Basic Definitions

A graph GG consists of two finite sets: a nonempty set V(G)V \parens{G} of vertices, and a set E(G)E \parens{G} of edges, where each edge is associated with a set consisting of either one or two vertices called its endpoints.

Basic parts of a graph.

Instead of E(G)E \parens{G}, a directed graph (or digraph) has a set D(G)D \parens{G} of directed edges. A mixed graph can contain both directed and undirected edges.

A weighted graph has valued edges. A multigraph may have parallel edges. A simple graph has no loops or parallel edges.

TODO: Below in order are: Directed graph, undirected multigraph, and weighted undirected graph. Is there a way to annotate captions?

Directed graph. Undirected multigraph. Weighted undirected graph.

A list is a graph with only one path. A tree is a graph with exactly one path between each pair of vertices.

TODO: Below in order are: A tree and a list. Is there a way to annotate captions?

A tree.

A list.

(Many more graph variations exist, but an exhaustive list is beyond the scope of a quick reviewer.)

A walk is an alternating sequence of adjacent vertices and edges. A walk with only one vertex (and no edges) is a trivial walk. A closed walk starts and ends on the same vertex.

A trail is a walk with no repeated edges. A circuit is a closed trail with at least one edge.

A path is a walk with no repeated edges or vertices. A simple circuit is a closed path except it starts and ends on the same vertex, and has at least one edge.

TODO: Diagram for path? Also, we should rework these walk/trail/path and related definitions.

TODO: Define complete graphs KnK_n. Make diagrams for them. (Epp, Page 633)

TODO: Define complete bipartite graphs Km,nK_{m,n}. Make diagrams for them. (Epp, Page 633)

TODO: Define subgraph. (Epp, Page 634)

Two vertices are connected iff there is a walk between them. A graph is connected iff there is a walk between every pair of its vertices.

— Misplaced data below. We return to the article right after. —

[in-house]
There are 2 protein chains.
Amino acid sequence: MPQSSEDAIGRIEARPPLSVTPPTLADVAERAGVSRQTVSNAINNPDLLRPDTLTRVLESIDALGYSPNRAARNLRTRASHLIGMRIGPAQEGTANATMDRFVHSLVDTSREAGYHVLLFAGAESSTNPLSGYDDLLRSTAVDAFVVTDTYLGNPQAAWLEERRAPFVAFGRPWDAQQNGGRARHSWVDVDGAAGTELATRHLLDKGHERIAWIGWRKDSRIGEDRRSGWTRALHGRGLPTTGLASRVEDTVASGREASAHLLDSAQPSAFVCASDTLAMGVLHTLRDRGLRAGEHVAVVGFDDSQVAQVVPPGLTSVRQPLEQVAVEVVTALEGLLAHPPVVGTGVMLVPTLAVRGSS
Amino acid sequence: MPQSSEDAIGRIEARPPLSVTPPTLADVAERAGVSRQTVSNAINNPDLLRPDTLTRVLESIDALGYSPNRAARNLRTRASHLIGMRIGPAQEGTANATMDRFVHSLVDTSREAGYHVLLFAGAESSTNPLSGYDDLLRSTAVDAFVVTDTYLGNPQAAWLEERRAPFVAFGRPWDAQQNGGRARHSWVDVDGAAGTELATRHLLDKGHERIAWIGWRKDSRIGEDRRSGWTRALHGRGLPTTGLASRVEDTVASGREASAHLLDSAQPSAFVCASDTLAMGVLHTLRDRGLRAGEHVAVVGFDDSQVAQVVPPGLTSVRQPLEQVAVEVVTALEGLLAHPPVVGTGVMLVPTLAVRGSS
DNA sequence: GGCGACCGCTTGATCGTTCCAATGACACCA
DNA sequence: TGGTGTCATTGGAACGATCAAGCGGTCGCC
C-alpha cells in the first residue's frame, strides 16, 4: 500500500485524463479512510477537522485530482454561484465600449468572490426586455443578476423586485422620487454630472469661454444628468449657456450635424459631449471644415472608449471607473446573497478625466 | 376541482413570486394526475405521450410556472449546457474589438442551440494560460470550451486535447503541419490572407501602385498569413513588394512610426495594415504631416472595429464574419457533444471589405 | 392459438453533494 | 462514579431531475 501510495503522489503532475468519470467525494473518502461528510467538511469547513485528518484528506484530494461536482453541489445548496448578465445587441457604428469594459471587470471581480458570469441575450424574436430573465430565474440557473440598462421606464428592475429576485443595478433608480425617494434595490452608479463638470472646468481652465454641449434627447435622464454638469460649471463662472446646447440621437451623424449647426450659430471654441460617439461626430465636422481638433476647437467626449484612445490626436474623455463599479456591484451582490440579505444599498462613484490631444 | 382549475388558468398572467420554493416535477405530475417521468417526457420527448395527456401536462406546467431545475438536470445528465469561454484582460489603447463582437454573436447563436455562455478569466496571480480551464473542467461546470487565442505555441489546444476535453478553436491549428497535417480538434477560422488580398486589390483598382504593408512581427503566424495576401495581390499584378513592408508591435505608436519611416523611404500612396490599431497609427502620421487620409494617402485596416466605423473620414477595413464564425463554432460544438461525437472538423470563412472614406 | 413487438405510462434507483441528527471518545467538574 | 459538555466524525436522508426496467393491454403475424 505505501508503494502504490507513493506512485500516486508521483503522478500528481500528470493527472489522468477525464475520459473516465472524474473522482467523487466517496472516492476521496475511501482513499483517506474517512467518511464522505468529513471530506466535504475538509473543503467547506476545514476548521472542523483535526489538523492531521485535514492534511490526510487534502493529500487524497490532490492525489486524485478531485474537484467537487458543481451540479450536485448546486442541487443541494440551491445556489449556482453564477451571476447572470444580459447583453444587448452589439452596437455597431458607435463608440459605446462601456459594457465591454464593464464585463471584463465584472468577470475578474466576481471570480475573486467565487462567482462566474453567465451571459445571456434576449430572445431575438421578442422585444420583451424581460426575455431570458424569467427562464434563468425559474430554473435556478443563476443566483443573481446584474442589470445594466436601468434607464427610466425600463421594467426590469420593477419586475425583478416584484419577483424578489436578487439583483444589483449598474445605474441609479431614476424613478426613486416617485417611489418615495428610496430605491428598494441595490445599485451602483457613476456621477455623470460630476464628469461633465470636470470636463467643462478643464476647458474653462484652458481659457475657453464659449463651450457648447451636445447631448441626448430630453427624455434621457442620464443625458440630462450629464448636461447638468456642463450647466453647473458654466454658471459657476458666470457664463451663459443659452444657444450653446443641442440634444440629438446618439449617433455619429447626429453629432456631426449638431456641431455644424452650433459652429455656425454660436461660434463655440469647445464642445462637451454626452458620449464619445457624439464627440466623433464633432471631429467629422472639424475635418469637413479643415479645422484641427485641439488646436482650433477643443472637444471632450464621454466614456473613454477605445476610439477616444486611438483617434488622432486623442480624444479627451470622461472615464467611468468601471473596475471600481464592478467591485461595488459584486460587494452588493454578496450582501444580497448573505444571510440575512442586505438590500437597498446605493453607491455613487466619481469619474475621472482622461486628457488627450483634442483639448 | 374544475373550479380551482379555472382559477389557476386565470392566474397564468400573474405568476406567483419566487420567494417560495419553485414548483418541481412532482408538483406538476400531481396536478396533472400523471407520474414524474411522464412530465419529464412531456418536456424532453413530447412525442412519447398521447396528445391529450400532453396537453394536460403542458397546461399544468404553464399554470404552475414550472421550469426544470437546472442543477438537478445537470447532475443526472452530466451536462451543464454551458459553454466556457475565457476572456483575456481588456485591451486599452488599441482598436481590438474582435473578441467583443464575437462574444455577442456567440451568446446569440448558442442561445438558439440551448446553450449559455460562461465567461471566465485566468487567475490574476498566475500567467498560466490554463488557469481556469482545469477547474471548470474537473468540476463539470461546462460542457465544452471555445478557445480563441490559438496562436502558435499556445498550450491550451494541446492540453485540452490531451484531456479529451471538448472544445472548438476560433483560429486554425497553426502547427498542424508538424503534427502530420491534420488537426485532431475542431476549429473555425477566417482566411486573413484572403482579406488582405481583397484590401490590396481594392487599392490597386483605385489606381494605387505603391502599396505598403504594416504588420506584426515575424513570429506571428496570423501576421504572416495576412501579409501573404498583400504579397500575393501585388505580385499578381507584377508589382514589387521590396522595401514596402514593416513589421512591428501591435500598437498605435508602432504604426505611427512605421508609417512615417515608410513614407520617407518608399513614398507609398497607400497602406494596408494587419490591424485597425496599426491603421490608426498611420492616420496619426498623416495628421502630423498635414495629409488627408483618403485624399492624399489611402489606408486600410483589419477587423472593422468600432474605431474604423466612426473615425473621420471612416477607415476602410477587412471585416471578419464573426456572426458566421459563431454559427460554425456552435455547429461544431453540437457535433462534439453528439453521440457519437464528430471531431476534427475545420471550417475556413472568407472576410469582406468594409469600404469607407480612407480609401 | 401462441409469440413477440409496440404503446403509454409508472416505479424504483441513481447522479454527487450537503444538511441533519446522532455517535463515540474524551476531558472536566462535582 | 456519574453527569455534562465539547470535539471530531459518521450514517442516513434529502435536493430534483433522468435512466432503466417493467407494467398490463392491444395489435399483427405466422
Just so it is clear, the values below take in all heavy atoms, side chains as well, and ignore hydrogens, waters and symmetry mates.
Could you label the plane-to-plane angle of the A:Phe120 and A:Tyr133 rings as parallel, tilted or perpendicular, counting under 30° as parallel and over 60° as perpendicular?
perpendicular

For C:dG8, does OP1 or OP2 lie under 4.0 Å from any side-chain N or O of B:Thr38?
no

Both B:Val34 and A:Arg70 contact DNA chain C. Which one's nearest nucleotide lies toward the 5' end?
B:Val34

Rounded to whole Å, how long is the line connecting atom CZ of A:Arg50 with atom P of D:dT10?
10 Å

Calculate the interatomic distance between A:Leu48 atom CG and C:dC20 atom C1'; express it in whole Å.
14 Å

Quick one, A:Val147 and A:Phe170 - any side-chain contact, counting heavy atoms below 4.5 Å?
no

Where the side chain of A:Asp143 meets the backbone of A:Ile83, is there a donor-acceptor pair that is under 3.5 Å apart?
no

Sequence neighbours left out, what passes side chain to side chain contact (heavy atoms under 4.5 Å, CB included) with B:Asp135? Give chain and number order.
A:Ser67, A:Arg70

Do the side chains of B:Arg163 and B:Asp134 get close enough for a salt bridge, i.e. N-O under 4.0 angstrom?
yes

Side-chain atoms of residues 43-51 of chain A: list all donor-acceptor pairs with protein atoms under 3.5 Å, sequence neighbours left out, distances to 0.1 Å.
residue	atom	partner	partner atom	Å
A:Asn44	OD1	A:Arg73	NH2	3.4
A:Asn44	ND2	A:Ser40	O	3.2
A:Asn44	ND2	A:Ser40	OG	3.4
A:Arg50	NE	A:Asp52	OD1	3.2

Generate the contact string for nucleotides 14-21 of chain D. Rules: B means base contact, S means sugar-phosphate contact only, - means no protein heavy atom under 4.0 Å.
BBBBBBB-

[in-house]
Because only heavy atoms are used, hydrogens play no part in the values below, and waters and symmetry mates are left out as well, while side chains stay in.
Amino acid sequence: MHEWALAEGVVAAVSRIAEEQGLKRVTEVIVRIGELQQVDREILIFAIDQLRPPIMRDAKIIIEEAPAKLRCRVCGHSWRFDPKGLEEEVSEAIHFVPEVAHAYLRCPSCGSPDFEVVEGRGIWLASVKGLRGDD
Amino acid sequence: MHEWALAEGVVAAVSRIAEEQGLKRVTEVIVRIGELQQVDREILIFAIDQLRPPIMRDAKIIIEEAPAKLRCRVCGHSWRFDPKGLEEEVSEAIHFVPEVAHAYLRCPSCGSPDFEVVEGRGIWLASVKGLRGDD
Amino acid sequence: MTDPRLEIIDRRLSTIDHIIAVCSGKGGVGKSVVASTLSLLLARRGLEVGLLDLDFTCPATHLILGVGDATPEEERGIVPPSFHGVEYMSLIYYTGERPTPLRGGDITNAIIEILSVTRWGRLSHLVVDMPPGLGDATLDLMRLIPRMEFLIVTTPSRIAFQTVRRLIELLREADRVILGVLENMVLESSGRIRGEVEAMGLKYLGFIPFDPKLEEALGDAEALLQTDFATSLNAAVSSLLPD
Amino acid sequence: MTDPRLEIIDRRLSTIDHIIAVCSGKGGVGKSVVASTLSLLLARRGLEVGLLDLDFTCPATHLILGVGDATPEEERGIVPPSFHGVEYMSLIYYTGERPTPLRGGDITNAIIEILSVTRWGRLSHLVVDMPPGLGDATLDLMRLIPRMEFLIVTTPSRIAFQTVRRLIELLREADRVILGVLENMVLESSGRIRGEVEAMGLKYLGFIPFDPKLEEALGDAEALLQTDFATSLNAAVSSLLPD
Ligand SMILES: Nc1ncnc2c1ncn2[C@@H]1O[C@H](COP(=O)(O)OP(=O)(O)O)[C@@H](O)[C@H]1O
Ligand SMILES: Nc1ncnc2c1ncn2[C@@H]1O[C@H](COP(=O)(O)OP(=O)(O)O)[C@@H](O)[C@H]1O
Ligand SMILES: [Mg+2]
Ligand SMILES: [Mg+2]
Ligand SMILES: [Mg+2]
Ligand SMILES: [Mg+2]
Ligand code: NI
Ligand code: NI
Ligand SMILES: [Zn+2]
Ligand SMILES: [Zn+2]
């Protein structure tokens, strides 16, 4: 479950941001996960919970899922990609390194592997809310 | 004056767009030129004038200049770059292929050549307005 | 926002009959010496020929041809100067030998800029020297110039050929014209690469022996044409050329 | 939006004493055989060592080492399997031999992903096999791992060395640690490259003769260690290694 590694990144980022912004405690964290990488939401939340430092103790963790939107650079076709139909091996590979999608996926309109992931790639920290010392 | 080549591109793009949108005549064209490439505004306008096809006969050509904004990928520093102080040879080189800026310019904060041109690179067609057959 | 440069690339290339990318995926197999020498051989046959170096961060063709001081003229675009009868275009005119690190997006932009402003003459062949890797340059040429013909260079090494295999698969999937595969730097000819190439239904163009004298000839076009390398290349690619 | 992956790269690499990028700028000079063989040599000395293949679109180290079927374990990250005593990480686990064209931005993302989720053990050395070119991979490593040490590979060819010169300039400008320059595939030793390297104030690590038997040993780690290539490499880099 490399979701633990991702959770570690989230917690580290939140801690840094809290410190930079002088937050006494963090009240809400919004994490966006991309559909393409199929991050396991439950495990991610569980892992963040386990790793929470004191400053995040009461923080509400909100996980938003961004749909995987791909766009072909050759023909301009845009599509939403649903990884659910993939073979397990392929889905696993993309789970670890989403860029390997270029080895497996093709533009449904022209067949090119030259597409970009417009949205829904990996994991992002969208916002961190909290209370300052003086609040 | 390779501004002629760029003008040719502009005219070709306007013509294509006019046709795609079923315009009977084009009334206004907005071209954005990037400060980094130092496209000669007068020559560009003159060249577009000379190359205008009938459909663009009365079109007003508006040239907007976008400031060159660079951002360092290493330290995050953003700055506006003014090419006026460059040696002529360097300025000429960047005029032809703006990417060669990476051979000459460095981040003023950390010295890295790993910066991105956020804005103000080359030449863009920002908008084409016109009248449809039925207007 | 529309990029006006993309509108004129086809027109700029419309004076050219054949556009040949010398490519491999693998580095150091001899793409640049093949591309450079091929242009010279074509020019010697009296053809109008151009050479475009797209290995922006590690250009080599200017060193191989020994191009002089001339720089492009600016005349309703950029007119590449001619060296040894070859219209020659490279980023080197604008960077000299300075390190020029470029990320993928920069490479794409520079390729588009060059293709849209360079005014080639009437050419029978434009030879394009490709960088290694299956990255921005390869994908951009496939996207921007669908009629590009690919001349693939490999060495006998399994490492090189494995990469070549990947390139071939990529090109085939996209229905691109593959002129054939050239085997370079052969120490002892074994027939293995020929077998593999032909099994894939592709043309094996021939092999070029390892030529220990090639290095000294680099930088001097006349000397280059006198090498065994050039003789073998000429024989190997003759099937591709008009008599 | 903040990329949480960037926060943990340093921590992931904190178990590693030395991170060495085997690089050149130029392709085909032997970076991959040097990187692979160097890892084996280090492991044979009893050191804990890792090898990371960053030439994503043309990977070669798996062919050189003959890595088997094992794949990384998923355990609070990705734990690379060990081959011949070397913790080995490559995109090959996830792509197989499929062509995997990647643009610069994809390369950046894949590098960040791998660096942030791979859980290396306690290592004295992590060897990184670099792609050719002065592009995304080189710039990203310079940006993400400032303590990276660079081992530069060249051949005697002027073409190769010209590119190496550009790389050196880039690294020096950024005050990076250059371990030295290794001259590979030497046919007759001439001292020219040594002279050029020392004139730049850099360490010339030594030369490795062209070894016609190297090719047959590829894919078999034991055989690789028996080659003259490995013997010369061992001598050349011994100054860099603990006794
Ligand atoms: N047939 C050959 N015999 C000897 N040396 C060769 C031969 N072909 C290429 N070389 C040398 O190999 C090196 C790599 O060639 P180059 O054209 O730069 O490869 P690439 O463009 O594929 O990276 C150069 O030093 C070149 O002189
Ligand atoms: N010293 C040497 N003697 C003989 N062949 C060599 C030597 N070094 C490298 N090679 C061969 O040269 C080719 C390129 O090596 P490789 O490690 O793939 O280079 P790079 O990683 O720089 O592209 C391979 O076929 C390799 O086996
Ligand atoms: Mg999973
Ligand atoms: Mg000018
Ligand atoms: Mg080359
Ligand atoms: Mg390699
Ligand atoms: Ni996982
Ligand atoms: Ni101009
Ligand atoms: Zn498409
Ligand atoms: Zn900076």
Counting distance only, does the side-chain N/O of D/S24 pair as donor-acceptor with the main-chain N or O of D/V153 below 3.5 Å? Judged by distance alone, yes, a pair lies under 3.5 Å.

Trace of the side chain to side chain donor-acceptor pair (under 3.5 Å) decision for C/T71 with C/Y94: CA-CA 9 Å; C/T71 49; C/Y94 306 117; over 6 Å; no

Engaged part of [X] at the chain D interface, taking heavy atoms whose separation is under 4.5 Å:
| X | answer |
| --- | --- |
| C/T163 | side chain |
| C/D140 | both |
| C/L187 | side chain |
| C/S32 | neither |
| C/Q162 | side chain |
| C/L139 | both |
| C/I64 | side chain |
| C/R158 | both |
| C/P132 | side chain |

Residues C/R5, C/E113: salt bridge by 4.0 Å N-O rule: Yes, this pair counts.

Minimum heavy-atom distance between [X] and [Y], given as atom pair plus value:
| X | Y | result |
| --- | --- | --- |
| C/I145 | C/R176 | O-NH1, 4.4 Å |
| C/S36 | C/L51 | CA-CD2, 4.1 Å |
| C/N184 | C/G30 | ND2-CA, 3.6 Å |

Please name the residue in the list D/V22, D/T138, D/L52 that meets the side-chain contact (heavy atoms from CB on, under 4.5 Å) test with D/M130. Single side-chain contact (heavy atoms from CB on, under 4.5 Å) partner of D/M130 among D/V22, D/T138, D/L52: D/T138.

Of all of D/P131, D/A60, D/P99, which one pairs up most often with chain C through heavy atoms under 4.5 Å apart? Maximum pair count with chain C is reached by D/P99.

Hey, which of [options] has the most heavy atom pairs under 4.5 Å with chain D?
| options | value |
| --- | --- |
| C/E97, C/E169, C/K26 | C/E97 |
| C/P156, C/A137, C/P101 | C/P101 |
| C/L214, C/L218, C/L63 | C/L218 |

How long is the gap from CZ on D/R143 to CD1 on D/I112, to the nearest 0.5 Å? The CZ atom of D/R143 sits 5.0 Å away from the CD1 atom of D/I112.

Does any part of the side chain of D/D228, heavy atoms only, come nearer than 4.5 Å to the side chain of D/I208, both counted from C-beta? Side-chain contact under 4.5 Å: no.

A graph HH is a connected component of its supergraph GG iff HH is connected, and no connected subgraph of GG is a supergraph of HH that also contains vertices and edges not in HH. TODO: Can we simplify this definition? Also, we should draw diagrams for this.

The degree of a vertex (denoted deg(v)\mathrm{deg}\parens{v} for the degree of vertex vv) is the number of edges incident on it, with loops counted twice. The total degree of a graph is the sum of the degrees of all vertices in the graph.

Graph Representation

TODO: this

More Theoretical Results

TODO: What theoretical results are useful to include here? Should we create a separate section for stuff towards the end of the chapter that aren’t quite as useful for typical algorithms problems?

TODO: Include degree sum formula: The sum of all degrees of a graph is twice the number of its edges. Corollary: the total degree of the graph is also be even. (Epp, Page 636)

TODO: Include handshake lemma (lemma of degree sum formula): There is an even number of vertices of odd degree.

TODO: Consider including connectedness lemmas. (Epp, Page 647)

TODO: Königsberg bridge problem: If a graph has an Euler circuit, every vertex has positive even degree. If a connected graph has positive even degree, it has an Euler circuit. If a graph has odd degree, then it has no Euler circuit. A connected graph has an Euler circuit iff every vertex has positive degree. (Epp, Page 652)

TODO: The corollary on Epp Page 653: There is an Euler path iff the graph is connected, the start and end vertices have odd degree, and all other vertices have even degrees.

More Definitions

TODO: This is actually a temporary section and will probably not be in the final version. I’m just using it to write down some interesting definitions that might be useful later.

TODO: Consider adding Euler circuit: A circuit that contains every vertex and edge of a graph. (That is, every edge is used exactly once, but vertices can be used multiple times.)

TODO: Consider adding Euler trail: A trail that passes through every edge of a graph once, and every vertex at least once.